What is the Honors Program up to? Low-Tech!

by Dr. Noam Scheindlin


Caitlin Lynch

Noam Scheindlin

Noam Scheindlin is a professor of English at LaGuardia, and is co-Director, along with Prof Lucia Fuentes, of the LaGuardia Honors Program. He has published on the French writers Marcel Proust and Georges Perec, and is interested in the way fiction helps to generate the experience of what humans call “reality.”


The Honors Program has been thinking about sustainability. And what we have been thinking has to do not just with the goal of reducing carbon emissions, but also the process by which we get there. It is certainly important that the power grids on which we depend can be transformed so as to rely on non-polluting forms of energy; nonetheless, we also think that the era of transformation that we are now beginning presents the opportunity for us to think not just on a grand scale, but on a personal scale.

We have become so alienated from the energy that we use to power our everyday lives that we would be hard-pressed, most of us, to say how it is brought to us, and even more difficult to tell ourselves where it comes from! We think that there is room for diversity in our energy processes. How can we produce energy where the source is close to us, and where we can control the means?

The philosopher, Hannah Arendt, in her book The Human Condition, argues that the truths we discover are no longer sayable in our ordinary language. “From now on,” she says, “we need artificial machines to do our thinking and speaking.” Arendt wrote this in 1958. How much more so now, when even the creators of the large language models that have been all the talk of 2023, cannot profess to tell us how exactly they work!

Certainly, there has always been something unknowable, about the world, about life, about us. Humans have always been mysteries to ourselves. But our knowledge of ourselves, far from now being greater than it was before, is diminishing, with the kind of technological advances that quickly move beyond the scale of the human, so that we seem to live more and more in a mystery of our own making. And there are dangerous and destructive consequences to this diminishment of reflectivity in the face of our more and more complex creations, and dependence on those creations.

The word “technology” these days evokes anything with a screen: screens that offer up to us a representation of our world too big for us to know in person, built by microprocessors too small to be able to be seen; connected to networks so vast that we cannot trace or even fathom them. Screens, then, that hide from us the scales of existence that simply do not fit the human body.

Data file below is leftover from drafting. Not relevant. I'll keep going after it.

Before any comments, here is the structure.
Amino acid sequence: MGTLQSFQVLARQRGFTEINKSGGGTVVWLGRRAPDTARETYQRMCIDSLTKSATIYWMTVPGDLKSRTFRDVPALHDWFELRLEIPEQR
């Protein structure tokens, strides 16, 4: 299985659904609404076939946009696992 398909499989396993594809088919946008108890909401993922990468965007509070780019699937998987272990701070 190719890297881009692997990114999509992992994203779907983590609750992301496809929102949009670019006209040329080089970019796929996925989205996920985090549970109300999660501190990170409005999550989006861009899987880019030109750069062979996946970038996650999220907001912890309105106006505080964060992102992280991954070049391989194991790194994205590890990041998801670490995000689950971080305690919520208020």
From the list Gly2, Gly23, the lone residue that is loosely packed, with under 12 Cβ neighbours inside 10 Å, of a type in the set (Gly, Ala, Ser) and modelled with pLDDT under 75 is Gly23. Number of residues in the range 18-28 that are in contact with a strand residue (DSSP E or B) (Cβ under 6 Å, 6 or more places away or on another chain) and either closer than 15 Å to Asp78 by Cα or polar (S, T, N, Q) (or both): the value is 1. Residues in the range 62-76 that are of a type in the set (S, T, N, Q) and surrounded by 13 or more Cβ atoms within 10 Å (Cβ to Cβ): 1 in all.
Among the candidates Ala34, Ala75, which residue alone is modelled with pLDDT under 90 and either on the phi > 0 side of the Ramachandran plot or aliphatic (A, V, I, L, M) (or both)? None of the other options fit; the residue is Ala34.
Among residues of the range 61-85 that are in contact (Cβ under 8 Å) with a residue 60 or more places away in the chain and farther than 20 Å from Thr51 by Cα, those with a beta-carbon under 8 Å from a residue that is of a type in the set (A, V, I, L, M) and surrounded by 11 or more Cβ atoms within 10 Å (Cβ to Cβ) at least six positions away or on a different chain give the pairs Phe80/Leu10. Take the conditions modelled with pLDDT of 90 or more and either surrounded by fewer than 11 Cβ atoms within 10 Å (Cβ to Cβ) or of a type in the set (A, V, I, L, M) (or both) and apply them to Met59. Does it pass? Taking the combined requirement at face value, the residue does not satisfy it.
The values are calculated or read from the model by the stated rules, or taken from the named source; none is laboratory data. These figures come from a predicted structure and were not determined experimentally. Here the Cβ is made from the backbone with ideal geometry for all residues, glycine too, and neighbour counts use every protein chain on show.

But the word “technology” is an old word. Think of the many technologies that have shaped humans throughout our history: our wheels and axles and pulleys and levers: all things, like the grand technologies of today, that have served to extend the body. But think also of language as a technology: that gives us the ability to transfer and exchange our separateness, our interiorities: speaking and listening; reading and writing. The word “technology” itself has its roots in the ancient Greek word “Techné”: literally, “knowing how”: having the technique needed to make something, to bring something into being.

At the Honors Program, we are interested in a diversity of discourses; how can we remain in touch with our technology? How can we rediscover the relation between technology and the body? How can we understand something of the history of the technological impulse? How to use our knowledge in order to re-assert our connection with the things we make?

This is why the Honors Program is initiating it’s “low-tech” design project. We are inspired by the organization “Low Tech Labs”, whose work is to motivate the production of objects, processes, techniques, and practices that work at a small scale. We also thought that creating low-techs would be an important counter-discourse to the high-tech discourse, currently dominant in our society. We think it’s important to create some balance: how can we use physical, biological, chemical, even philosophical knowledge on a human scale?

We are hoping that we can support the creation of objects and processes that fit three criteria:

1) Utility: things that are useful to us because they help us fulfill our needs, without tapping into polluting systems or unfathomable networks.

2) Accessibility: things that can be made with both minimal investment of funds–so important in a world where there is a huge disparity of wealth–but also with minimal knowledge: in other words knowledge on a human scale: manipulation of natural forces that can be transmitted from one person to another. And

3) Durability: things that can last, because they can be repaired, because they are robust, and because the knowledge of how they work is shared within a given community.

We invite you to work with us starting in the Spring semester. Please stay tuned for an initial information session for potential participants. Our plan is to create a series of prototypes in a first stage that will endure over the next few semesters. We hope to exhibit initial designs and sketches of the initial prototypes at our Spring 2024 Honors Interdisciplinary Conference.

Please feel free to contact us with questions, or ideas, or just to let us know that you are interested! honorsprog@lagcc.cuny.edu.

And you can see some of the Low Tech projects at their site, https://lowtechlab.org/en.